||Adherence to Intermittent Preventive Treatment of Malaria in Pregnancy with Sulfadoxine–Pyrimethamine and Associated Factors: A Cross-Sectional Survey in Benin’s Public Hospitals.
AGUEMON BADIROU DIN OWOLADÉ OTONIKOU ,
OUENDO Edgard-Marius ,
Damien Georgia ,
||The Open Public Health Journal
Gestational malaria is a public health problem, thus responsible for morbidity and mortality risk to both the foetus and the mother.
The intermittent preventive treatment with sulfadoxine-pyrimethamine during pregnancy (IPTp-SP) is one of the strategies recommended by the WHO to prevent this pathology and its consequences during pregnancy. In Benin, the adherence rate remains below the programmatic targets. This study aimed to identify the factors associated to the adherence to at least two IPTp-SP doses for postpartum women of the University Hospital HKM of Cotonou (CNHU-HKM) and the University Hospital for Mother and Child
(CHU-MEL) of Cotonou.
A cross-sectional hospital-based study was conducted over a 3-month-period, from July to September 2015 in the field of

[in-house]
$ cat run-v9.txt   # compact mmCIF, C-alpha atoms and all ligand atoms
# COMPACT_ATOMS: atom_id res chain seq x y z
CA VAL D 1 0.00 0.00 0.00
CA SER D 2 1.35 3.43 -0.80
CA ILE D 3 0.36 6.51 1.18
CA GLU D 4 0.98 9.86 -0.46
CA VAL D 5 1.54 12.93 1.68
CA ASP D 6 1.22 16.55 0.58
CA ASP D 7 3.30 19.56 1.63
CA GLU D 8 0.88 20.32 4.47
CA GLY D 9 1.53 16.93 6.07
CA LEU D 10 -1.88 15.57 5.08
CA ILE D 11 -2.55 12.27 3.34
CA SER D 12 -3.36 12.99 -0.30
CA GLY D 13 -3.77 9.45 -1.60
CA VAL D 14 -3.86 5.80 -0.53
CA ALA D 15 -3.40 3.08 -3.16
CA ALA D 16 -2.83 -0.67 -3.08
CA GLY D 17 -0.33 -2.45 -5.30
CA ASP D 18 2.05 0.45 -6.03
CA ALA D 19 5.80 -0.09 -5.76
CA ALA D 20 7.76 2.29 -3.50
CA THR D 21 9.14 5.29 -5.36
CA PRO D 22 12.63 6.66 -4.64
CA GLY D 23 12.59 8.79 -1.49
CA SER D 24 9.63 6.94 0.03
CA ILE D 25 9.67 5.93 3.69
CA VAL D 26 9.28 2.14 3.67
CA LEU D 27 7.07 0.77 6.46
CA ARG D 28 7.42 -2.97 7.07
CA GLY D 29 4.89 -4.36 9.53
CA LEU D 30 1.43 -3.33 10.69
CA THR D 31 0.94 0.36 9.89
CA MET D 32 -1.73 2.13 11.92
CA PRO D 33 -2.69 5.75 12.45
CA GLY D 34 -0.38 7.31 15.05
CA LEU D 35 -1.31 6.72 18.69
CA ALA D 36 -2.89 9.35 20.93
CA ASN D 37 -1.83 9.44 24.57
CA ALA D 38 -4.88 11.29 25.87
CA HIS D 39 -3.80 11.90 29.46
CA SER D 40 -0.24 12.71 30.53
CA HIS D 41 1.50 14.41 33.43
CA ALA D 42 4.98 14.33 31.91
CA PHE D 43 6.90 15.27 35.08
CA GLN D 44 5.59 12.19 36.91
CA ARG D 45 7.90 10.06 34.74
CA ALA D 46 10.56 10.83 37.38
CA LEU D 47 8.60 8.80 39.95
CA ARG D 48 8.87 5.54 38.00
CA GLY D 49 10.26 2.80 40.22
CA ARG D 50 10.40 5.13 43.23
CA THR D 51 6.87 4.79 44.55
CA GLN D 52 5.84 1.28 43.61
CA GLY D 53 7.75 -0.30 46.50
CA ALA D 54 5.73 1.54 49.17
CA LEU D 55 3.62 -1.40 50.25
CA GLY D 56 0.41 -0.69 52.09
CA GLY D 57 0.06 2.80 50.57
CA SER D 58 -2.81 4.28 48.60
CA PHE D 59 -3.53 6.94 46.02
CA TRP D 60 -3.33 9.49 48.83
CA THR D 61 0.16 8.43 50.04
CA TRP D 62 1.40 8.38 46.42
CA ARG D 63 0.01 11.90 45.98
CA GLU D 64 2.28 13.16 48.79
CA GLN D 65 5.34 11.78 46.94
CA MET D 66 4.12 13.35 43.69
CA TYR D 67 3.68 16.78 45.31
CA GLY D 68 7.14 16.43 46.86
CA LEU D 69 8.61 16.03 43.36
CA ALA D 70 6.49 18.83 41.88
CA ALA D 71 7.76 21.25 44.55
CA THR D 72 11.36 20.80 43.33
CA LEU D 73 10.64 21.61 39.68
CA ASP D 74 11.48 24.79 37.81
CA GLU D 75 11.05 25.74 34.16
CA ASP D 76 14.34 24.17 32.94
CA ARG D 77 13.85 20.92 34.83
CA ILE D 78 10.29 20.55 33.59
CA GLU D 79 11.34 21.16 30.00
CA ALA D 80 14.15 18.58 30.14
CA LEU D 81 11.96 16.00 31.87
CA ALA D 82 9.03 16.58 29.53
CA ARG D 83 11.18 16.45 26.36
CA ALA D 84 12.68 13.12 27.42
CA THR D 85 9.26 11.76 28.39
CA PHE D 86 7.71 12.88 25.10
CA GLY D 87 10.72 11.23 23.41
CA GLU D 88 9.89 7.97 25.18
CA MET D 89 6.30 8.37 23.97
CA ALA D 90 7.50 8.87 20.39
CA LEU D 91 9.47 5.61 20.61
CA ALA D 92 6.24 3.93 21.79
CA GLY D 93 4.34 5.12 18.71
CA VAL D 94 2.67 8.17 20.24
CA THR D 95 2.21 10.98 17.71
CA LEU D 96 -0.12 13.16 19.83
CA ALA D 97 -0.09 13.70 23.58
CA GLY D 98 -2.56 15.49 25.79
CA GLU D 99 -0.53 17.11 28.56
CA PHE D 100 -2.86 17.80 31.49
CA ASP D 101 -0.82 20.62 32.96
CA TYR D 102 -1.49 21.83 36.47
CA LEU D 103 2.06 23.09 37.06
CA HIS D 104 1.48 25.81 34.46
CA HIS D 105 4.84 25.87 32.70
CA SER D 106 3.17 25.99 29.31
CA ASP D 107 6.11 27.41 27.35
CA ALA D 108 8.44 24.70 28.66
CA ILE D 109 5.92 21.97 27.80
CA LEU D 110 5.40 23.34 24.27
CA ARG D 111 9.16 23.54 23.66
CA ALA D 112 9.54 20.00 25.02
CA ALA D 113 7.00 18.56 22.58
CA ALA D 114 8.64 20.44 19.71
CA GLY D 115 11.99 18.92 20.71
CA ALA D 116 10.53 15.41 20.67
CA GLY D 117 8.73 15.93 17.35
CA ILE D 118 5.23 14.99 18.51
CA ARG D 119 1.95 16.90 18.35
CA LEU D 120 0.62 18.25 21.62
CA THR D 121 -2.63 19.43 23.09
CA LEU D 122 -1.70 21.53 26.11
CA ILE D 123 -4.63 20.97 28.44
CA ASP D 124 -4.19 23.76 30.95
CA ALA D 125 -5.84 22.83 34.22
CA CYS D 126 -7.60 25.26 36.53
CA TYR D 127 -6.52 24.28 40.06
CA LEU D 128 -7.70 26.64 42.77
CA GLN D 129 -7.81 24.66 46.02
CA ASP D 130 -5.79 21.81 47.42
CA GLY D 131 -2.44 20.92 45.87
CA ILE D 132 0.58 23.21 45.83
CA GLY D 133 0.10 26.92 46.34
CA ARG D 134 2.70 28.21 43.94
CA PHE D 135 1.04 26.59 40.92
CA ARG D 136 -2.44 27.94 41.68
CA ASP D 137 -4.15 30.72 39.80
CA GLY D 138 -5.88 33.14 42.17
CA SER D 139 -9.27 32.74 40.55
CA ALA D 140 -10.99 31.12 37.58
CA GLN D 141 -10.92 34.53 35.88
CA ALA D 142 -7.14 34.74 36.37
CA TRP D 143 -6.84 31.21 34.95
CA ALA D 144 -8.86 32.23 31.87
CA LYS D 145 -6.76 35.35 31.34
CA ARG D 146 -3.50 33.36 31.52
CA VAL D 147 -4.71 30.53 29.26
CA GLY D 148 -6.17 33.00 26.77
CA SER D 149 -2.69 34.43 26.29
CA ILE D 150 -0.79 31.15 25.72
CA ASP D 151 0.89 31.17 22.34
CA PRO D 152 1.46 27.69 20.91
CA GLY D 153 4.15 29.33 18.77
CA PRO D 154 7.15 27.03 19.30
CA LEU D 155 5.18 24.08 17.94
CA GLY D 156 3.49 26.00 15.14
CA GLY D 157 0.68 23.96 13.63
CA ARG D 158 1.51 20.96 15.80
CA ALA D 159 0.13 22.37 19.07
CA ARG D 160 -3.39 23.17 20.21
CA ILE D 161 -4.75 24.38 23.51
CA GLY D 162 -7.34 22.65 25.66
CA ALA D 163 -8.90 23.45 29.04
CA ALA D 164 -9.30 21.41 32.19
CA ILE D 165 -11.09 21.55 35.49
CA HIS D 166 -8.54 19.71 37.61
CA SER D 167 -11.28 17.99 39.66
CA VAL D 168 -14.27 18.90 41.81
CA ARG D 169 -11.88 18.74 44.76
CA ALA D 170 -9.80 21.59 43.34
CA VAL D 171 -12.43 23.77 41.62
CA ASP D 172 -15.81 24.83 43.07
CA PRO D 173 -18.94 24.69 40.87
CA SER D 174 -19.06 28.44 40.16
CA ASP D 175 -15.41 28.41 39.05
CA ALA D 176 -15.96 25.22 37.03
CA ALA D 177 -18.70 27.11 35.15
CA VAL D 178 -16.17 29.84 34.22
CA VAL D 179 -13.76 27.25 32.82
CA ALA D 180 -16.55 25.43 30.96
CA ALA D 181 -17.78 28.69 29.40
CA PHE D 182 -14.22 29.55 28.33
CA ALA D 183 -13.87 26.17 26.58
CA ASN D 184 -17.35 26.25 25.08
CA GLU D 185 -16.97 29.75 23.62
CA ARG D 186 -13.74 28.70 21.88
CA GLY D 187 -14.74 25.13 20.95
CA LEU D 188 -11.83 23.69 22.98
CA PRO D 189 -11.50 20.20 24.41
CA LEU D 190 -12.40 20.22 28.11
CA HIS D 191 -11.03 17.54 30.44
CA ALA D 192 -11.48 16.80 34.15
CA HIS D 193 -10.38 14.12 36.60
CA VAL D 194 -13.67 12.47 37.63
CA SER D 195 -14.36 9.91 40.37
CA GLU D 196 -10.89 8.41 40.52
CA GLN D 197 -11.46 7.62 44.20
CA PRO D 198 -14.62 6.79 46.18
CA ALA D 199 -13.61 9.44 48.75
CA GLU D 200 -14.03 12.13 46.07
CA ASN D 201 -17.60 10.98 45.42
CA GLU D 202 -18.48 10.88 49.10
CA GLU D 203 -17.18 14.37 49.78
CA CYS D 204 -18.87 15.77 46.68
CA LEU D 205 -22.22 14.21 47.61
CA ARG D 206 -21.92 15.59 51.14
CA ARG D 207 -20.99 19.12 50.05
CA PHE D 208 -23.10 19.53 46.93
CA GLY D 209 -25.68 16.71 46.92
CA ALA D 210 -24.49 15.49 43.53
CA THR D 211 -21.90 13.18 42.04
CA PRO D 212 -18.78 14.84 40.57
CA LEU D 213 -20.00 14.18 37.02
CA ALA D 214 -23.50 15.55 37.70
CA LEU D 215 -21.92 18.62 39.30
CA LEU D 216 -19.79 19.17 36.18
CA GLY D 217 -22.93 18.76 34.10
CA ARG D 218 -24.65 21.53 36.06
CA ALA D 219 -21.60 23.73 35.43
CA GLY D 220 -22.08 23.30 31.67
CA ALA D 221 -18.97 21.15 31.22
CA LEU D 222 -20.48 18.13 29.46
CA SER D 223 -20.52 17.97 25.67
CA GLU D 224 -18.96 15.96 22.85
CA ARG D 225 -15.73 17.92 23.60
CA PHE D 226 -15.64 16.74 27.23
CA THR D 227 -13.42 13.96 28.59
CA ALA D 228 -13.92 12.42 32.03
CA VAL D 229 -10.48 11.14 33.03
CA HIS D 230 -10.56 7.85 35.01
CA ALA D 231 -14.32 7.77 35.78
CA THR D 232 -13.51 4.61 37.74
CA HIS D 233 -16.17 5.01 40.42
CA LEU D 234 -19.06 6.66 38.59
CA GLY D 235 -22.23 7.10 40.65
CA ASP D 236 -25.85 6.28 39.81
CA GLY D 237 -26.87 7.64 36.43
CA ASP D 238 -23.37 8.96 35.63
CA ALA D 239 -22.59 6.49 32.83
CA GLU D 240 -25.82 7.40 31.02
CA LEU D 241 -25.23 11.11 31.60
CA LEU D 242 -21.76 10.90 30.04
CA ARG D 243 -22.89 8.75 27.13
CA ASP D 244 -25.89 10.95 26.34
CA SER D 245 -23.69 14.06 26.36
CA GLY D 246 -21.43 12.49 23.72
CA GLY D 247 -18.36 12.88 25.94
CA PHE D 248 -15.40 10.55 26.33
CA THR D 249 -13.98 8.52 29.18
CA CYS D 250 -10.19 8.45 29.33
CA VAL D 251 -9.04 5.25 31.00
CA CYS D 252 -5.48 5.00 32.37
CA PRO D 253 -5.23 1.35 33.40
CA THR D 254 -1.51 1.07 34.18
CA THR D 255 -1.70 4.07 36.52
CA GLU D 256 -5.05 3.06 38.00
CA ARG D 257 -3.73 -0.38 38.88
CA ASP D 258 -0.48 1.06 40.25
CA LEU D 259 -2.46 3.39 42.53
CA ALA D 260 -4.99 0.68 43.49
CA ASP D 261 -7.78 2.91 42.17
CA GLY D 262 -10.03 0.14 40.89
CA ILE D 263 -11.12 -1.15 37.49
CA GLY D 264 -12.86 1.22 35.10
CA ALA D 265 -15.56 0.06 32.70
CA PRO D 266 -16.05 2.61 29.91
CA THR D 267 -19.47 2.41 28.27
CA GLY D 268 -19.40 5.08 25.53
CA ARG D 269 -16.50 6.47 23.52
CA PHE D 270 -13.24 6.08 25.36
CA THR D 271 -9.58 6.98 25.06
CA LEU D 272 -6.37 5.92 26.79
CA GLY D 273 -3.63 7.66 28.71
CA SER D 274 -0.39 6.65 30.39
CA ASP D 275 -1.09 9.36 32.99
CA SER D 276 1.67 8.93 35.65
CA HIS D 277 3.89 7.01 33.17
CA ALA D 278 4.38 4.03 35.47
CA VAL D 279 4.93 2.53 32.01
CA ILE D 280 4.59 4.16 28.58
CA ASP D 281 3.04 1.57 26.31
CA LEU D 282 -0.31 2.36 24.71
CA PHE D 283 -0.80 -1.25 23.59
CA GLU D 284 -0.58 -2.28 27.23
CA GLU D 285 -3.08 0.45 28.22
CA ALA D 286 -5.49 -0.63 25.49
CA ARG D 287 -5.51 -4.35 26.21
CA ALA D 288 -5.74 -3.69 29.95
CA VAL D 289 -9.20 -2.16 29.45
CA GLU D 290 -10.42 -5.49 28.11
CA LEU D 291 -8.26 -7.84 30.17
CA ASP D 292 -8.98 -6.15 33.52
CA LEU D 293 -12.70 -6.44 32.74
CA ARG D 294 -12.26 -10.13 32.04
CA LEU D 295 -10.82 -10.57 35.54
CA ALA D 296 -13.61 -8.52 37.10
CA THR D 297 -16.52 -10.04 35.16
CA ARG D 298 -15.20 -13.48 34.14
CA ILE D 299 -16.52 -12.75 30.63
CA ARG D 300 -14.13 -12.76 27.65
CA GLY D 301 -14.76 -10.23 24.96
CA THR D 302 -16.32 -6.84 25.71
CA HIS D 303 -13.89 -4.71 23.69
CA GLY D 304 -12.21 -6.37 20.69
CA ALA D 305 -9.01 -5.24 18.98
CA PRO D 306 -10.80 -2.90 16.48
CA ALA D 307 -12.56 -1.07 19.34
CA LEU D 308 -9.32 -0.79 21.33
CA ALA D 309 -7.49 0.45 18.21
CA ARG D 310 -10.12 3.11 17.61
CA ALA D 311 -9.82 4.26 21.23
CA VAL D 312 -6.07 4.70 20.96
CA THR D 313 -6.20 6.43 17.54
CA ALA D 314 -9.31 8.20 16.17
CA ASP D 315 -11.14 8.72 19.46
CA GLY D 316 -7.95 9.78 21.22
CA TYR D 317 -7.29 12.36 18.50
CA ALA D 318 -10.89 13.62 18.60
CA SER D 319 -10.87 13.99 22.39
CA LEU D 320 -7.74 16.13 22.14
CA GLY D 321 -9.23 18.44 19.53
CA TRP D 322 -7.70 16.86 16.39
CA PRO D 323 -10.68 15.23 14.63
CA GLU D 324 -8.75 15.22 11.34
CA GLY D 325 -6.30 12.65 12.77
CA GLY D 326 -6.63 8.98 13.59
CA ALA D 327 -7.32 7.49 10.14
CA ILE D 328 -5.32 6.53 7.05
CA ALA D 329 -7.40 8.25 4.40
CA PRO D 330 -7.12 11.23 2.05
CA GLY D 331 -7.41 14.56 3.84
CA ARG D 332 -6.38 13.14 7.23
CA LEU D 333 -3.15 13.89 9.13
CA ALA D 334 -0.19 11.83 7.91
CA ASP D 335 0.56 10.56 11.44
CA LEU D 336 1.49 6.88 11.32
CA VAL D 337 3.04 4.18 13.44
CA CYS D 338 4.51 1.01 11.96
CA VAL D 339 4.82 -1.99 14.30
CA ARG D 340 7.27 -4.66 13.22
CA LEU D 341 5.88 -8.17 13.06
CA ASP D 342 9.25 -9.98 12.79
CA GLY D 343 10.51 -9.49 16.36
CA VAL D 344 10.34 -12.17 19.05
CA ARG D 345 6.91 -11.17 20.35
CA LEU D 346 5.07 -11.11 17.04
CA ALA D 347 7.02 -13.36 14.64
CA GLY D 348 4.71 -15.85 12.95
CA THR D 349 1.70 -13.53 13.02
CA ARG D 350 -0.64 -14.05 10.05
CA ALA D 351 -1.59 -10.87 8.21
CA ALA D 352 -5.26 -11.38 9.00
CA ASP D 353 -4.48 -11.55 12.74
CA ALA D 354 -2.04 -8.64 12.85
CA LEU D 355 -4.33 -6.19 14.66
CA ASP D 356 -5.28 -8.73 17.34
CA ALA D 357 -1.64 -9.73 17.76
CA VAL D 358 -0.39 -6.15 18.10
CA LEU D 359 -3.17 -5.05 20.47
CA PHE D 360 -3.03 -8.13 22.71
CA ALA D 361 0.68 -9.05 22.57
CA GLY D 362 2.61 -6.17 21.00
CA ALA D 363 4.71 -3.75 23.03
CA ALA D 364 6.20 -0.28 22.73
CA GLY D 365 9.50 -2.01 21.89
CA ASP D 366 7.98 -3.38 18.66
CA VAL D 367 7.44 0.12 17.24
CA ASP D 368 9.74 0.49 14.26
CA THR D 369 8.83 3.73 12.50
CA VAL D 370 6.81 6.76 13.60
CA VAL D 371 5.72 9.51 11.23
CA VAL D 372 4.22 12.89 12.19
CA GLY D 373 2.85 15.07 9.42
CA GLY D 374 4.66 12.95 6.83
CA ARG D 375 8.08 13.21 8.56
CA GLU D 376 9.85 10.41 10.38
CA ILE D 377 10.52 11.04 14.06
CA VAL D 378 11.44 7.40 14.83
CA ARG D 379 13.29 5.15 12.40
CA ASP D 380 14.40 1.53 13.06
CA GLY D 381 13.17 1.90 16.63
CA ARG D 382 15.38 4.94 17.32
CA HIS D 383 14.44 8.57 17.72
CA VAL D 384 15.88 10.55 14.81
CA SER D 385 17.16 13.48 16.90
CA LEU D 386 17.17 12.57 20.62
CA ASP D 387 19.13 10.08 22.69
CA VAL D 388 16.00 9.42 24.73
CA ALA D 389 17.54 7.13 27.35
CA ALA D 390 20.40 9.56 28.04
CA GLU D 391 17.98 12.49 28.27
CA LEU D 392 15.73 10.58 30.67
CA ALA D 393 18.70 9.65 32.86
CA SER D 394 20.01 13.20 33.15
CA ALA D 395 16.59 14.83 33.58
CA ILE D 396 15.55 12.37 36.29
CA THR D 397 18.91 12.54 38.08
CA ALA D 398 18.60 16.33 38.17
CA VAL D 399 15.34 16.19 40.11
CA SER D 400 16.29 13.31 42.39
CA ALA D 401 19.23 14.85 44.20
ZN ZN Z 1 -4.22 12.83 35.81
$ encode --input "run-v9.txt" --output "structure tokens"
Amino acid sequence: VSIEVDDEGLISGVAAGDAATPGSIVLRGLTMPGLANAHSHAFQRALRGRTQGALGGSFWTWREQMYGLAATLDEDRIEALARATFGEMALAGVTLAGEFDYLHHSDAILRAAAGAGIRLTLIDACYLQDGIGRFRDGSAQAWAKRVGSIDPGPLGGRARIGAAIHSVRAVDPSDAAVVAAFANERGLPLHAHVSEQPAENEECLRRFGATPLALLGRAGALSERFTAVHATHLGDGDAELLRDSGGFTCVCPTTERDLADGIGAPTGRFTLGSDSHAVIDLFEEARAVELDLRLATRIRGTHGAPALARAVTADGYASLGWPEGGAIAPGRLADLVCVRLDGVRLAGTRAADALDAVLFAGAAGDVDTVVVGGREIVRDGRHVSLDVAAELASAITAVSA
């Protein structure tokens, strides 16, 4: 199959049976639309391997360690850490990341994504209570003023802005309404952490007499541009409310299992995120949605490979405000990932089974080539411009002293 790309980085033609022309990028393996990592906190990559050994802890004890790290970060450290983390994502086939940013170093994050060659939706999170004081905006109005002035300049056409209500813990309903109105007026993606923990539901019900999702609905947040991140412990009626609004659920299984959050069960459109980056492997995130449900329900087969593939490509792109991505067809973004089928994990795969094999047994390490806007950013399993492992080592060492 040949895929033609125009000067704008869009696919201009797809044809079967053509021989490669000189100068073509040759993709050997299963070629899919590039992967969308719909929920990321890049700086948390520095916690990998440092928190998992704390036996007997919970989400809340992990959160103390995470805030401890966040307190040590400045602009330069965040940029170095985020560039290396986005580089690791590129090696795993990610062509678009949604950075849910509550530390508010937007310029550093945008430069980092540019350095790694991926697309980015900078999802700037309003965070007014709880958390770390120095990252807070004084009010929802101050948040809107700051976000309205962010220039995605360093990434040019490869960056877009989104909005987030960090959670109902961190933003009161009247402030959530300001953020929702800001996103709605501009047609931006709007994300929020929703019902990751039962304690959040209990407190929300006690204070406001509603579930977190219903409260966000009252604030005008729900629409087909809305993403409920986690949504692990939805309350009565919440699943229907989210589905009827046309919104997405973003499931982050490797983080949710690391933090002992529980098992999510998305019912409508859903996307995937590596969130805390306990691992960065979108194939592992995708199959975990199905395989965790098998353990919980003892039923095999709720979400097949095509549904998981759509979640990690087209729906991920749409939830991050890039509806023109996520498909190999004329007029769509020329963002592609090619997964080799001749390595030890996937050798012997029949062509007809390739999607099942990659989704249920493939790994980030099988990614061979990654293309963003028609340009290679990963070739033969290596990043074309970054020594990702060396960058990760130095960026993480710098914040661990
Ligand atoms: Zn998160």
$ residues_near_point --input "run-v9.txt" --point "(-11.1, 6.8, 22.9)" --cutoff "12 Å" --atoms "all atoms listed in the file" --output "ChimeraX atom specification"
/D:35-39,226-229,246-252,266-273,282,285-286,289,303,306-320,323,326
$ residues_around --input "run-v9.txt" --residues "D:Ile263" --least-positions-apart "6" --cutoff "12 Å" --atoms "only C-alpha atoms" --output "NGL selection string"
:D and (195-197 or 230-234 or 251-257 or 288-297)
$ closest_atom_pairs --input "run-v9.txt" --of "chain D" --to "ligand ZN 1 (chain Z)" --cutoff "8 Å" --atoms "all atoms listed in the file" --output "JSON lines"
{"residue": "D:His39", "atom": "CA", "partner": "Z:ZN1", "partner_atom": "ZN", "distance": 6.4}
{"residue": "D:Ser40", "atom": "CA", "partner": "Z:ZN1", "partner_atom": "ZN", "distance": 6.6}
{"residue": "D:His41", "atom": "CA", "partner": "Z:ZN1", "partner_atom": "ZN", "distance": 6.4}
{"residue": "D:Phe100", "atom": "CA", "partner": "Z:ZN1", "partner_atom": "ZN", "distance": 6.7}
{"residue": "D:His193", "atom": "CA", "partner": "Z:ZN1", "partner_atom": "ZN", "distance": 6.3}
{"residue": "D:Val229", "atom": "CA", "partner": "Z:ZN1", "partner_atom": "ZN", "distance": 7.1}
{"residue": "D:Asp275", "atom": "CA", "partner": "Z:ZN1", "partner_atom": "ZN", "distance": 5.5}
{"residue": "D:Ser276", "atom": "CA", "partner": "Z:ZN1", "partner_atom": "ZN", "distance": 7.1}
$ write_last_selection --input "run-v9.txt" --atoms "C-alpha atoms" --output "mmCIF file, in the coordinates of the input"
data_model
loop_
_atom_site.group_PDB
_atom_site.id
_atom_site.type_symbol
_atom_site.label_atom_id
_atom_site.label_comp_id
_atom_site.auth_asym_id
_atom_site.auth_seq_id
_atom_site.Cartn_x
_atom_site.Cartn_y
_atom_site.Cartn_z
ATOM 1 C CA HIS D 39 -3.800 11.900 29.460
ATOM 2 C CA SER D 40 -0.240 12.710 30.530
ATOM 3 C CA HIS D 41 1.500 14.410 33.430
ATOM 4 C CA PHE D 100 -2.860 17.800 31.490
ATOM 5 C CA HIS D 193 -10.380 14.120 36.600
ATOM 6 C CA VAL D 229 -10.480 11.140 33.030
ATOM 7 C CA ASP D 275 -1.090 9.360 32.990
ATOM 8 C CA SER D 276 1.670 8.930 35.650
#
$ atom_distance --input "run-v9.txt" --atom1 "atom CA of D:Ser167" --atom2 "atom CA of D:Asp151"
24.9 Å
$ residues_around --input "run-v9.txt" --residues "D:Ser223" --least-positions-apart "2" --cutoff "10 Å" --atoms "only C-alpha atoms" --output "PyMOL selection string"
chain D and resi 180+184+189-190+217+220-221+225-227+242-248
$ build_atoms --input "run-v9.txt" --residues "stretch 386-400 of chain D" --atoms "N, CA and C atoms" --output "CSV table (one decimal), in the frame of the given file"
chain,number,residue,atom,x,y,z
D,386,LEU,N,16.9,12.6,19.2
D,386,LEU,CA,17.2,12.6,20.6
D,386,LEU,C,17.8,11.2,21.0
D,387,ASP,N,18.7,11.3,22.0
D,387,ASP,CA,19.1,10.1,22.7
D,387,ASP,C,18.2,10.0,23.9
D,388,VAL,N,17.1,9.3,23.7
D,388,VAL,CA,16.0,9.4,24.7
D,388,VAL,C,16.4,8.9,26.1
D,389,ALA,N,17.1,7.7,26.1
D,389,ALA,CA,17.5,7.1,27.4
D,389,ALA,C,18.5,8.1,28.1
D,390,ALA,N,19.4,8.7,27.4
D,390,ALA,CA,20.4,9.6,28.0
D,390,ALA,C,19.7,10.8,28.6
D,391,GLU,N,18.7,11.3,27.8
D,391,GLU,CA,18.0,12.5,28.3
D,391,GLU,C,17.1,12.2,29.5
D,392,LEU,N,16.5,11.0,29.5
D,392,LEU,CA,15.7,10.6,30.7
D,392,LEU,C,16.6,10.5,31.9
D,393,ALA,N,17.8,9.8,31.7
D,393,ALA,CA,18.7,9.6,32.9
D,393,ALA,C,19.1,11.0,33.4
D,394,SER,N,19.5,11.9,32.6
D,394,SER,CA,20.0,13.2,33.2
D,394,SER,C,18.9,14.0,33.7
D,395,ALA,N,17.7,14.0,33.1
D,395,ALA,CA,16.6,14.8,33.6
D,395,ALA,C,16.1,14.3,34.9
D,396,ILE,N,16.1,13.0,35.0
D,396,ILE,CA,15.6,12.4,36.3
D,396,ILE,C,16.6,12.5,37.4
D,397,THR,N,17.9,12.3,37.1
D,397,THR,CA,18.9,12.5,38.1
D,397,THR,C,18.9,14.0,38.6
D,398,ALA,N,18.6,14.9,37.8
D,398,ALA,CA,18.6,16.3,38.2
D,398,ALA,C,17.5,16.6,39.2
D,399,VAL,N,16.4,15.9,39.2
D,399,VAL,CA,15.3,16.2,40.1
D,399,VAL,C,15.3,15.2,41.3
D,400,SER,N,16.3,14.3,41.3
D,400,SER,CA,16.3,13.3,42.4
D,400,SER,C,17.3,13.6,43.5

gynaecology and obstetrics departments of the two hospitals. All the mothers who had delivered and were still hospitalized at the time of the study were enrolled.
During their last pregnancy, 63.11% of women had taken at least two doses of IPTp-SP. Four determinants of adherence to the two IPTp-SP doses were associated to the adherence to two doses of IPTp-SP: i) adequate knowledge of the number of doses of SP to be taken during the pregnancy (p value<0.0001), ii) participation in communication for social and behavioural change on IPTp-SP (pvalue<
0.0001), iii) adequate knowledge of the number of tablets per dose of SP (p-value=0.0100), and iv) comprehensive knowledge
of malaria prevention measures during pregnancy (p-value=0.0200).
Raising and improving women's knowledge on malaria are necessary to achieve ITPp-SP adherence. Particular emphasis should
therefore be placed on communication for social and behavioural change for pregnant women, family decision-makers, community
leaders and healthcare workers.
||Malaria, Intermittent preventive treatment, Pregnancy, Pregnancy, Social and behaviour change communication, IPTp-
SP adherence, Postpartum women.
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